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American answer appeared arms army authority battle believe Boston British called carried Church command communication conduct Court direct effect enemy England evidence fact fire force four French friends gave give given hand heard historical hope House important interest Island John July June known land less letter lieutenant London Lord matter Mauduit means meeting miles military minister months never night North officers once opinion Panama party passed person Philadelphia position possible present President printed question reached reason Rebels received relating reported respect River seemed sent ship side Society taken thing thought thousand tion told took town troops United vessels volume Washington whole writing York
Page 241 - God, which went before the camp of Israel, removed and went behind them; and the pillar of the cloud went from before their face, and stood behind them: and it came between the camp of the Egyptians and the camp of Israel; and it was a cloud and darkness to them, but it gave light by night to these: so that the one came not near the other all the night.
Page 254 - Had I been vested with absolute power in this State, I have often said and still think that I would last Spring have desolated all Long Island, Staten Island, the City and County of New York and all that part of the County of West Chester which lies below the mountains.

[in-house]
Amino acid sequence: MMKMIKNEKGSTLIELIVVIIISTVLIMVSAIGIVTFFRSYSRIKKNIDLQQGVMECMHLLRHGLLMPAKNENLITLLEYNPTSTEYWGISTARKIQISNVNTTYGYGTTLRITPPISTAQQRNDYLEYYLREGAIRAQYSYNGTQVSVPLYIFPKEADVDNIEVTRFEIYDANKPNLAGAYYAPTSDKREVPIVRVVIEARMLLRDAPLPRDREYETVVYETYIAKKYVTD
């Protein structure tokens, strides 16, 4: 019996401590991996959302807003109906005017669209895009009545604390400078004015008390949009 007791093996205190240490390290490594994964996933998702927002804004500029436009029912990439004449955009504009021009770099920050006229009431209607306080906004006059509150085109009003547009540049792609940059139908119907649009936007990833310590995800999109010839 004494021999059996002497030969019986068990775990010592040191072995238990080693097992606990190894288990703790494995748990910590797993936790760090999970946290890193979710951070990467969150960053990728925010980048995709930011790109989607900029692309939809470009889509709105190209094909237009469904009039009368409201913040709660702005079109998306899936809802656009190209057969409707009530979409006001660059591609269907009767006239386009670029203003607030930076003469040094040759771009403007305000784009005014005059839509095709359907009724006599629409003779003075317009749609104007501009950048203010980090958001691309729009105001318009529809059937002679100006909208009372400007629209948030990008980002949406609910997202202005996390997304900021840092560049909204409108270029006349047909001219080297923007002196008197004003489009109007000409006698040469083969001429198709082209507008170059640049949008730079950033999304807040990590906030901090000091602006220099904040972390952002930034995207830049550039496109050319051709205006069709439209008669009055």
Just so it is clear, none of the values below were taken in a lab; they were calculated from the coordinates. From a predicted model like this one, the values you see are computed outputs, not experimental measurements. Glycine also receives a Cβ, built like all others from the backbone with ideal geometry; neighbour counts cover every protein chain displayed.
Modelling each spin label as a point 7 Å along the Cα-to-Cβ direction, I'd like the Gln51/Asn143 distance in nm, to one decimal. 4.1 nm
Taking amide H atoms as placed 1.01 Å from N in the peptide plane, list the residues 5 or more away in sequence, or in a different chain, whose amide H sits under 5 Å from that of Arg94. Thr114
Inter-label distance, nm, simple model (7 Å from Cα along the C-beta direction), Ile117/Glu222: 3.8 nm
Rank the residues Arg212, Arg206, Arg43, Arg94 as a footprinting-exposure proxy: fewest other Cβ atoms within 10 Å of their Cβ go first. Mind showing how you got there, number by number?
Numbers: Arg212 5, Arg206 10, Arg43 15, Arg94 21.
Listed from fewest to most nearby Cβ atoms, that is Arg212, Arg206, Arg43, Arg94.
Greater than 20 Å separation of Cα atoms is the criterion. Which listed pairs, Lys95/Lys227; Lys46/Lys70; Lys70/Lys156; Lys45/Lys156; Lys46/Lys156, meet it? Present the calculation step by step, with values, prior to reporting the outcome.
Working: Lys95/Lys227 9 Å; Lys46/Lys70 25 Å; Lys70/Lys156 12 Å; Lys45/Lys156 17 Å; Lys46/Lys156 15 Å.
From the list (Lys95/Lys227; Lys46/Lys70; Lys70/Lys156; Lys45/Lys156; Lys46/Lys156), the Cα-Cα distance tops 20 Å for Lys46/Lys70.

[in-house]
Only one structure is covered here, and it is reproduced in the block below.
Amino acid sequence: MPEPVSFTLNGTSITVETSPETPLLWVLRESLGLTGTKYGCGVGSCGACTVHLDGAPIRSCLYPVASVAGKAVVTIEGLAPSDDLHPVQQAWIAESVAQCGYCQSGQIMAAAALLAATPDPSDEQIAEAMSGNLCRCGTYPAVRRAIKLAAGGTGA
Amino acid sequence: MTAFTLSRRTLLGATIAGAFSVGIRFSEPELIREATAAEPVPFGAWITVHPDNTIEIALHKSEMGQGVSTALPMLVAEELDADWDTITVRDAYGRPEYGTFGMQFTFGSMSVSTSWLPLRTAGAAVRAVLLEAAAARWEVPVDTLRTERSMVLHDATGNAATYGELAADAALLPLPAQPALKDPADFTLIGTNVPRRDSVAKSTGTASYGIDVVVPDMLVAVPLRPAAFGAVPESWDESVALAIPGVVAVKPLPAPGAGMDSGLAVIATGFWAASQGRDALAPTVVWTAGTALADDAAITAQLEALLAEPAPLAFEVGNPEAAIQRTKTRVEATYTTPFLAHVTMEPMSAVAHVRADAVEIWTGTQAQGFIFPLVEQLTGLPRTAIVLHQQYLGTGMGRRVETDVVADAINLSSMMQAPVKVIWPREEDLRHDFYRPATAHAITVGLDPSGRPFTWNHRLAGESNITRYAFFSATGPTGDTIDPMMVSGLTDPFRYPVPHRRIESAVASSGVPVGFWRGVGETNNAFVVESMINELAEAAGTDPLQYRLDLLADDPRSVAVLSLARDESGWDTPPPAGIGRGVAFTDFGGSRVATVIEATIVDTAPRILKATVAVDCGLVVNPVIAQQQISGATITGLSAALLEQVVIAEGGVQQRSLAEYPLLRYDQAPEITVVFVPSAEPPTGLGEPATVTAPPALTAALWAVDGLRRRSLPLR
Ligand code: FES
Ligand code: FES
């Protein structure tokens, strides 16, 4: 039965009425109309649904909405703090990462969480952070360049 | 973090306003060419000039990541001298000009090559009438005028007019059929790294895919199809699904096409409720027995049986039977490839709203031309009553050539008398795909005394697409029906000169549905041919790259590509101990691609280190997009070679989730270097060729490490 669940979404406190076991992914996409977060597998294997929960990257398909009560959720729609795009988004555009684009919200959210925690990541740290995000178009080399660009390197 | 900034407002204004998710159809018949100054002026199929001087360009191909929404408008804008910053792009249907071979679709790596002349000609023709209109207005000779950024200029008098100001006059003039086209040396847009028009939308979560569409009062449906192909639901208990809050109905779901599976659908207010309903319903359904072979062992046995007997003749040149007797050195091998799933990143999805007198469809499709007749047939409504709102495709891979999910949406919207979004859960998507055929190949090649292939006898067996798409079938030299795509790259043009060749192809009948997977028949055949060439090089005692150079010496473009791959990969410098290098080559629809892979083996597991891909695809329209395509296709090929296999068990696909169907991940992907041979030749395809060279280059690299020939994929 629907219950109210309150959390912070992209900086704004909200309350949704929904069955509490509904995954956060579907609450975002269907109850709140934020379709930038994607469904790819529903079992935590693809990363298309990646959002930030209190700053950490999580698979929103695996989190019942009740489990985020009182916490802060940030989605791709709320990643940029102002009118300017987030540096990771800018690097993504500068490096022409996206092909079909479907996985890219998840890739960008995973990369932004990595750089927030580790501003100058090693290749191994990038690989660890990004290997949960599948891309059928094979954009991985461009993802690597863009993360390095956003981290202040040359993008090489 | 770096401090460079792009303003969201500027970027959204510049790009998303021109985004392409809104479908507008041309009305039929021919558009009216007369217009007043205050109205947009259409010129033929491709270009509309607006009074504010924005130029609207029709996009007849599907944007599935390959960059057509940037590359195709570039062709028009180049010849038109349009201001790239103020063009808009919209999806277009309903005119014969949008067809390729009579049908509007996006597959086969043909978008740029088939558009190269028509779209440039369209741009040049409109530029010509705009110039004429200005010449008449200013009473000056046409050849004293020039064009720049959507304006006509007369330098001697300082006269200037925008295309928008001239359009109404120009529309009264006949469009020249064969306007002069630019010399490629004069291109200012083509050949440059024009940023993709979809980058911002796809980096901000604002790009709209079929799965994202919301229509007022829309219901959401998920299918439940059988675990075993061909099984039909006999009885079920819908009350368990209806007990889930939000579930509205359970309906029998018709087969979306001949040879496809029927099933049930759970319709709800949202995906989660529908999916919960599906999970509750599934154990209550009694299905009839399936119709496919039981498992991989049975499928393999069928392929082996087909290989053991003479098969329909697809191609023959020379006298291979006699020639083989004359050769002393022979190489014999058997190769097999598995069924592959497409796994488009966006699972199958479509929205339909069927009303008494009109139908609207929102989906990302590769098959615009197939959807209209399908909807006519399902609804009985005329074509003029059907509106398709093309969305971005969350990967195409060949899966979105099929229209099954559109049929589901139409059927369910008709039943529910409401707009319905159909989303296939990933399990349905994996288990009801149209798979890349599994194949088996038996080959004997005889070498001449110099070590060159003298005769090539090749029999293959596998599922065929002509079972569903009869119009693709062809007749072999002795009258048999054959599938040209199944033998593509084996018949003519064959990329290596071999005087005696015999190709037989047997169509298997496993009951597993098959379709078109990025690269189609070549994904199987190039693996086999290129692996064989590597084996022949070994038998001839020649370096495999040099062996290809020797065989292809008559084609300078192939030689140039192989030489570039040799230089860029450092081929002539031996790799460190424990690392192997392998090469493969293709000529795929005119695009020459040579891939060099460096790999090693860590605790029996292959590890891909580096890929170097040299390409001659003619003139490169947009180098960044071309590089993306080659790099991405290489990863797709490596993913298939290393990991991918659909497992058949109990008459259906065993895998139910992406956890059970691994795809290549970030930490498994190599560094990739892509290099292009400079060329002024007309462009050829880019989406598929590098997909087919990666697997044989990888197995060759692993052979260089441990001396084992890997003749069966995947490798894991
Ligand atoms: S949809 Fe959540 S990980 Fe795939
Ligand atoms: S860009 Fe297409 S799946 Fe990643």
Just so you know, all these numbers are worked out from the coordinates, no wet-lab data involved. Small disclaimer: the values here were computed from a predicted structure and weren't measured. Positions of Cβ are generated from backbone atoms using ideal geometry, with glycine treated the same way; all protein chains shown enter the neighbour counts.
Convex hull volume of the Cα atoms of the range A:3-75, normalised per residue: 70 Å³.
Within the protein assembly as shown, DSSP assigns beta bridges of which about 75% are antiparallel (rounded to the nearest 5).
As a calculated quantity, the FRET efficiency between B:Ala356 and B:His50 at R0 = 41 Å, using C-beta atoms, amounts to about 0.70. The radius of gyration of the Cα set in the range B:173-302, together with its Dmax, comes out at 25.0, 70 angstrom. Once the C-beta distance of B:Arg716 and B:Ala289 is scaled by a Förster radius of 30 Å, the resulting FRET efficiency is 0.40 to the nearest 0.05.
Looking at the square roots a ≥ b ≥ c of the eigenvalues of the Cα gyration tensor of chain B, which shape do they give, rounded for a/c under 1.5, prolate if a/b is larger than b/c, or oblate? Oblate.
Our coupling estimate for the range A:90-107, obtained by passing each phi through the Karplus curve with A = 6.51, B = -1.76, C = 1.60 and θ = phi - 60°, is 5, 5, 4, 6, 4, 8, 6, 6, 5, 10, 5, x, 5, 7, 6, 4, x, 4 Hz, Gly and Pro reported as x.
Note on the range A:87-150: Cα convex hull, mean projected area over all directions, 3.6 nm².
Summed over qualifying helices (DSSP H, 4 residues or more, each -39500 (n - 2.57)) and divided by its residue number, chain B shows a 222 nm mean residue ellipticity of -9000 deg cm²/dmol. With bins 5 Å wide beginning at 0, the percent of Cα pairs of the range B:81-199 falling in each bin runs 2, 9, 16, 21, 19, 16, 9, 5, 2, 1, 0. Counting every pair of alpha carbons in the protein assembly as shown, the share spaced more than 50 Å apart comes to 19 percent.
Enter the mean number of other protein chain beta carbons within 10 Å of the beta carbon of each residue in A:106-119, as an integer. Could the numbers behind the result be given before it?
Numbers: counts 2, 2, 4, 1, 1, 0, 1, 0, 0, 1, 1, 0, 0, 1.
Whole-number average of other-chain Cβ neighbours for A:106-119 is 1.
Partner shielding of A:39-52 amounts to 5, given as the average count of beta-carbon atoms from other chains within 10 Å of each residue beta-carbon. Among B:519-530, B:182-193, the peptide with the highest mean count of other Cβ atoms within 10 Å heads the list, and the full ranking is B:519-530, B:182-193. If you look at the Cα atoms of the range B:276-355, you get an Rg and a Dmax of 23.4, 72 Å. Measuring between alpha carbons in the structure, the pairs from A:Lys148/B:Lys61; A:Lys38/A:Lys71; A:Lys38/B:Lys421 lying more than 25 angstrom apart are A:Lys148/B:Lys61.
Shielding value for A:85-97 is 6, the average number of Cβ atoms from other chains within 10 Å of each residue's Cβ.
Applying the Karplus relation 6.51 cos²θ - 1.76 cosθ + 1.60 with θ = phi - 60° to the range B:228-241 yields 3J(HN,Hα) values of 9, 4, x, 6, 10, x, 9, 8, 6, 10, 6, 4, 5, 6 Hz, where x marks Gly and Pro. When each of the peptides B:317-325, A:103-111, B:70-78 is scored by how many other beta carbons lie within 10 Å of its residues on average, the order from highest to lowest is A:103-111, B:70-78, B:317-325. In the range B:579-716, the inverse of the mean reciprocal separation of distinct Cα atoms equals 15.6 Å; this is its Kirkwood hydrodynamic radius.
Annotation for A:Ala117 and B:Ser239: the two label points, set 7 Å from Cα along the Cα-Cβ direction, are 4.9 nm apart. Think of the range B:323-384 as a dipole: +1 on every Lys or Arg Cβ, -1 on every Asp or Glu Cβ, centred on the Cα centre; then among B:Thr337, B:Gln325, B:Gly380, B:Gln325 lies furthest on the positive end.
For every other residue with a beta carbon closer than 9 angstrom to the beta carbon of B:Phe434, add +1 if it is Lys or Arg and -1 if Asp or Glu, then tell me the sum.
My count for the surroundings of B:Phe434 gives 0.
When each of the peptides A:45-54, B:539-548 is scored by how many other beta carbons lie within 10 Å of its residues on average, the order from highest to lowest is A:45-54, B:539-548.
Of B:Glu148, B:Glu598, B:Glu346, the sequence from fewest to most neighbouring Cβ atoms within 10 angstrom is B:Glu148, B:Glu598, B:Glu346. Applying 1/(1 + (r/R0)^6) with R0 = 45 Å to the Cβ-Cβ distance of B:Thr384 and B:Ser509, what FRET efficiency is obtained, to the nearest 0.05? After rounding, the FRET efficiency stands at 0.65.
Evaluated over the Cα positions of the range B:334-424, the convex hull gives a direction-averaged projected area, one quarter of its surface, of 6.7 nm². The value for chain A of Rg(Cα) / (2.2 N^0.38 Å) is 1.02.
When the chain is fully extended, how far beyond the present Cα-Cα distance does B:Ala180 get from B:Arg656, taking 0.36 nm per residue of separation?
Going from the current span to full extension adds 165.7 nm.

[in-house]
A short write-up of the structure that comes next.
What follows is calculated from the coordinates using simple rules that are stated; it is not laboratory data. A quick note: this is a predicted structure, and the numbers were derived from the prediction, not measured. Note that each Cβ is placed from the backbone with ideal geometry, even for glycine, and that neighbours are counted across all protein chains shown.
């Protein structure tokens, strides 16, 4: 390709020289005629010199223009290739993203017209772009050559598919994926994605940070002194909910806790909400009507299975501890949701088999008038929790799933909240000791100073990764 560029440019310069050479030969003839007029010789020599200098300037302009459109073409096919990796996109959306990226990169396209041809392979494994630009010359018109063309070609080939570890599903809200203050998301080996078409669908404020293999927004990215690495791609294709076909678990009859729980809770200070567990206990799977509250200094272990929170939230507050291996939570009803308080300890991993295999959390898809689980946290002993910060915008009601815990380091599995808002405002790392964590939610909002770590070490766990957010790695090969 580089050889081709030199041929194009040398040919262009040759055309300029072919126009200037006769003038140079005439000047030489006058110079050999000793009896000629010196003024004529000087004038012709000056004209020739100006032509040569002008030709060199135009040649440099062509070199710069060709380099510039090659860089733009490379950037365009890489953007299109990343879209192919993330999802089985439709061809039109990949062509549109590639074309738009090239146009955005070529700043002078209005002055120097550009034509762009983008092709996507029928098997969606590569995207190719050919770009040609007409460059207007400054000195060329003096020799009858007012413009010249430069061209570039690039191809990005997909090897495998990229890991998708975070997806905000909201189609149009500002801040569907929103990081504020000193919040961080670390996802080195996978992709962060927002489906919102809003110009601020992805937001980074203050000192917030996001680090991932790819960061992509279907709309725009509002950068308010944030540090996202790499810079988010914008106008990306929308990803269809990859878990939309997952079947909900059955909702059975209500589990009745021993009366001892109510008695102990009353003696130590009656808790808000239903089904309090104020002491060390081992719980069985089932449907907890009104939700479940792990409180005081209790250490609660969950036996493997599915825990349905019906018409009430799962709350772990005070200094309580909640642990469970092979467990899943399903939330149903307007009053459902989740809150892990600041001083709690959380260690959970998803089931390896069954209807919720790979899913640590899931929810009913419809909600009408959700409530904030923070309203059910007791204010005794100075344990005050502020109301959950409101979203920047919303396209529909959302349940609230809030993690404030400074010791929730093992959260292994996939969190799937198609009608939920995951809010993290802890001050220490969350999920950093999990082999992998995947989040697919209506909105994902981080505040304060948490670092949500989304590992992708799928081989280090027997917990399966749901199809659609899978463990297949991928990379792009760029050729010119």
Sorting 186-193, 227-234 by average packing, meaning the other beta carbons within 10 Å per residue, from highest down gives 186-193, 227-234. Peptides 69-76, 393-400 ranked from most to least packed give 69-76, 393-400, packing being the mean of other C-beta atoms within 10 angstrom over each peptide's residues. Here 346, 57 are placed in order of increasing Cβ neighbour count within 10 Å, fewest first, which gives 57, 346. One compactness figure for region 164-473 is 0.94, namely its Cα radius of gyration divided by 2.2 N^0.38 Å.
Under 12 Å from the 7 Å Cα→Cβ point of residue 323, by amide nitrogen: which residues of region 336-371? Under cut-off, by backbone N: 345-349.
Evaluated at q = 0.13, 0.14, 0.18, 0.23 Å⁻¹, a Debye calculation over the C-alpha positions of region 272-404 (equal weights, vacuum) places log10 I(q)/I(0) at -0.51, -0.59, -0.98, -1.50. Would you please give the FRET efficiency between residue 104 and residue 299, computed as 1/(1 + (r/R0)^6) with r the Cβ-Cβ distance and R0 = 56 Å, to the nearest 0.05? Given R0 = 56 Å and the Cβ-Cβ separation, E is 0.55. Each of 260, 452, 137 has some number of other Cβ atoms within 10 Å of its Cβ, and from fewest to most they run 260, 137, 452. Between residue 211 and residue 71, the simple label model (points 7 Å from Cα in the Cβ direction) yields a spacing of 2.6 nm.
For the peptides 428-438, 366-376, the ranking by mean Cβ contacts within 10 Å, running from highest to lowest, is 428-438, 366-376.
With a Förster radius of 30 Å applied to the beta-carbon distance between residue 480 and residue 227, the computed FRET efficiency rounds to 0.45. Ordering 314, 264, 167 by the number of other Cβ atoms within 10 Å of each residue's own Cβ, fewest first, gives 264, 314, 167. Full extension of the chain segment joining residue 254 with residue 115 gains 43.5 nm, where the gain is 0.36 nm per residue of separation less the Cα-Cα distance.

Page 160 - A View of the Evidence relative to the CONDUCT of the AMERICAN WAR under SIR WILLIAM HOWE...
Page 399 - I will never send another minister to France without assurances that he will be received, respected, and honored as the representative of a great, free, powerful, and independent nation.
Page 399 - In no event is a treaty to be purchased with money, by loan or otherwise ; there can be no safety in a treaty so obtained. A loan to the Republic would violate our neutrality ; and a douceur to the men now in power, might, by their successors, be urged as a reason for annulling the treaty, or as a precedent for further and repeated demands.
Page 168 - America, in the years 1777 and 1778, to different persons in England; containing observations on the general management of the war, and on the conduct of our principal commanders, in the revolted colonies.
Page 384 - Britain yet engages the alliance and co-operation of savages in war; but her Government has invariably disclaimed all countenance or authorization to her subjects to instigate them against us in time of peace. Yet, so it has happened, that, from the period of our established independence to this day, all the Indian wars with which we have been afflicted have been distinctly traceable to the instigation of English traders or agents.
Page 413 - The right must unquestionably be exercised with as little of personal harshness and of vexation in the mode as possible; but soften it as much as you can, it is still a right of force, though of lawful force—something in the nature of civil process, where force is employed, but a lawful force, which cannot lawfully be resisted.